Upon returning to his birthplace of Haarlem, Zweers opened a photo studio in the former home of his parents at Grote Houtstraat 174. While portrait photography is certain to have been his first priority here as well, he also accepted other (Haarlem-related) commissions on a regular basis. The reportage on the courtyards (‘hofjes’) of Haarlem, for example, were commissioned by the Vereeniging Haerlem (‘Haarlem Association’) for the book De Haarlemsche Hofjes (‘The Courtyards of Haarlem’), published in 1904 with an accompanying text by J. Craandijk. The Stichting Elisabeth’s Gasthuis (‘Elisabeth’s Hospital Foundation’) commissioned a reportage on the interior and exterior of the hospital itself and its medical staff. These photos were intended for the jubilee edition Geschiedenis van het Elisabeth’s of Groote Gasthuis te Haarlem (‘History of the Elisabeth’s Grand Hospital of Haarlem’), published in 1931 to commemorate the anniversary of the hospital’s founding 350 years prior. The book included approximately twenty of Zweers’ photos, chosen from a larger series (thirty-four photos from this reportage are preserved in the Haarlem City Archive), without citation of authorship. In the same archive, photos of important public buildings in Haarlem and the artworks they hold—including sculptures in the Church of St. Bavo and paintings in the City Hall—as well as photos of the city’s official pharmacy on the Kampersingel have been preserved. The subject of these images suggests it was commissioned work, presumably for the city of Haarlem. The photos were intended to convey clear and comprehensible information. It is for this reason that Zweers took them in an objective manner, without any distracting manipulation, and printed them in techniques such as platinum and silver bromide, which provide sharp details and substantial nuances in the tints.

During his time in Haarlem, there is no mention of Zweers being involved in the photographic reproduction of paintings and other art objects any longer. He did not work for the Frans Hals Museum. Nevertheless, the possibility that he may still have received commissions in this area of specialisation cannot be ruled out entirely.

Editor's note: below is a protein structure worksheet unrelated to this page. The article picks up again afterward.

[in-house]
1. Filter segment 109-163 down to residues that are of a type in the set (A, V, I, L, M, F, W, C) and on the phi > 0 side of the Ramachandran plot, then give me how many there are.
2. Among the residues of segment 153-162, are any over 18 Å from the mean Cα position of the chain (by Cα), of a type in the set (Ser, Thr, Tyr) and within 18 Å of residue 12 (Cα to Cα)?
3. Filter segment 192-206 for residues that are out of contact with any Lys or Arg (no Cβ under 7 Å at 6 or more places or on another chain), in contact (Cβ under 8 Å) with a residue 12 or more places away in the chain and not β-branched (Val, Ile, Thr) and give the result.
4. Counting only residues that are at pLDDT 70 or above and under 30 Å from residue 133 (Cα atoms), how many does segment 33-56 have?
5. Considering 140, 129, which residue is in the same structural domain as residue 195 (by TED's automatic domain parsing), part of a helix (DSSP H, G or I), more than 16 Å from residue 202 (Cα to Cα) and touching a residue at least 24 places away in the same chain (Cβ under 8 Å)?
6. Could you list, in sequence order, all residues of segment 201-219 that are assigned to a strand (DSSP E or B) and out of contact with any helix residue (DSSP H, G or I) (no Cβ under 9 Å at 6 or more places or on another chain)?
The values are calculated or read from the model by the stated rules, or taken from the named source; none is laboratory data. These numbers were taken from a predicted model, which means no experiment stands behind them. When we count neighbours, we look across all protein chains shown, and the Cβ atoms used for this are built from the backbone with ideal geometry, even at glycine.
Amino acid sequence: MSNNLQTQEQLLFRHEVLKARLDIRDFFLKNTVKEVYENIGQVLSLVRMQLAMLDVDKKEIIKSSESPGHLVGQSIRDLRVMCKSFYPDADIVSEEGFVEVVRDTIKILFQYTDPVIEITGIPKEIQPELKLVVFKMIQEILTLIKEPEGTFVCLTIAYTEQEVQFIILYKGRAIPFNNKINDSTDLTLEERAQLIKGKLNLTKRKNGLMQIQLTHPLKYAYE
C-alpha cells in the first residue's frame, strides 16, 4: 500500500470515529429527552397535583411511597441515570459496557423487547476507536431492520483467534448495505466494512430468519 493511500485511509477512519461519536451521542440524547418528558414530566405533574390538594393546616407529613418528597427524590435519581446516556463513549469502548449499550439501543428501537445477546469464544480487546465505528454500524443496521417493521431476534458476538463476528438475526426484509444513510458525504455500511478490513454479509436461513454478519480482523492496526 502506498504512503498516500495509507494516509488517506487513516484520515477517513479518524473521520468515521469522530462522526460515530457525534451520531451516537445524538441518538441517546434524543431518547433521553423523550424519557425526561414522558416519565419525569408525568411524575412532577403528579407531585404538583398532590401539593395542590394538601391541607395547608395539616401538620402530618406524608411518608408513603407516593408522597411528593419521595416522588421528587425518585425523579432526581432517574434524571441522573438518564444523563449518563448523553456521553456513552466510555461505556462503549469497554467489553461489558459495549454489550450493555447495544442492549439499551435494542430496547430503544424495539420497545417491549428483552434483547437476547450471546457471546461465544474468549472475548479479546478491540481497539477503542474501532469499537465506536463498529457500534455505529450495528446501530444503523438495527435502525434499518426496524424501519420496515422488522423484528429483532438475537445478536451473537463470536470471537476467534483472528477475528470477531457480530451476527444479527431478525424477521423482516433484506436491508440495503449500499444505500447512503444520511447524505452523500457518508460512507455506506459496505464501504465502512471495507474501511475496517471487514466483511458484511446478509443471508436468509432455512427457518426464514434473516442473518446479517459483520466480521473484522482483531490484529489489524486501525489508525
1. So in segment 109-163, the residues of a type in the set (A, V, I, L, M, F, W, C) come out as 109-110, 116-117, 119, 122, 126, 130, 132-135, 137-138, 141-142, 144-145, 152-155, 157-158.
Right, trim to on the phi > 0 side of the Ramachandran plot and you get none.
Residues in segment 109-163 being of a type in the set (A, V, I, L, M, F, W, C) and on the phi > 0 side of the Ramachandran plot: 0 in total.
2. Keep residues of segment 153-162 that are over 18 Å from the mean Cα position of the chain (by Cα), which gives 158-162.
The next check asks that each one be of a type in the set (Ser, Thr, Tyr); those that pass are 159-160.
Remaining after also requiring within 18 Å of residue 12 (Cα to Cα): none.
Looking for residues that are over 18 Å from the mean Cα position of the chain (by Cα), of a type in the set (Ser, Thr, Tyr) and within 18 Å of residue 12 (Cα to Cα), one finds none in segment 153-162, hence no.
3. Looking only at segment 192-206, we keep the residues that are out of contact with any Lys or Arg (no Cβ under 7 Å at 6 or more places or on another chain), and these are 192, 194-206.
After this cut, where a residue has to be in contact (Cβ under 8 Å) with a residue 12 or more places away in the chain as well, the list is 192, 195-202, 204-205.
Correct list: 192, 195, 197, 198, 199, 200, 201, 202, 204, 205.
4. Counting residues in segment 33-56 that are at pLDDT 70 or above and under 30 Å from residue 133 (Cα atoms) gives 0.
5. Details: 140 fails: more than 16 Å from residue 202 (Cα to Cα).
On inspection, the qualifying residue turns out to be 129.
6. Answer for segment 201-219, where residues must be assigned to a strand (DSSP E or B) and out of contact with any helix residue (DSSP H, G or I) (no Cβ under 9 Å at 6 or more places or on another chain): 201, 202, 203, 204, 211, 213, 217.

In a 1910 article on the topic of photographic art published in De Camera, Zweers made an interesting statement with regards to camera shooting technique. He described how, when preparing to take a landscape photo, his first step was to spend substantial time deciding exactly what it was he wished to photograph as well as the lighting he desired. It was not until after this preparatory stage that he went with his camera to his chosen spot. Zweers arranged his composition in a way that the image would take up the entire negative: ‘My goal is to adjust the camera in such a manner and to photograph the motif in such a way that the entire plate is filled. In doing so, one avoids the trimming process. The shots are taken directly in the dimensions desired. An enlargement can be beautiful, can be good, and yet much of the so very beautiful high lights [sic] are lost and little is preserved of the titillating contrasts.’

Anno 1910, filling the entire negative in advance so that the cropping of the print could be avoided was by no means a dogma, as it was later with New Photography. Many professional photographers, however, were working in this manner. While this was indeed because their ‘slow’ technique of working with glass plates obliged them to adopt an economical and well-considered approach, it was chiefly because they wanted to examine things closely before actually taking any shots. For subjects such as landscape photography, this approach might seem apparent. By this time, however, it was no longer necessarily a given. Amateurs ventured out with their hand cameras and dozens of interchangeable magazines with negative plates. Not until they were back home did they choose the shots that best lived up to their expectations.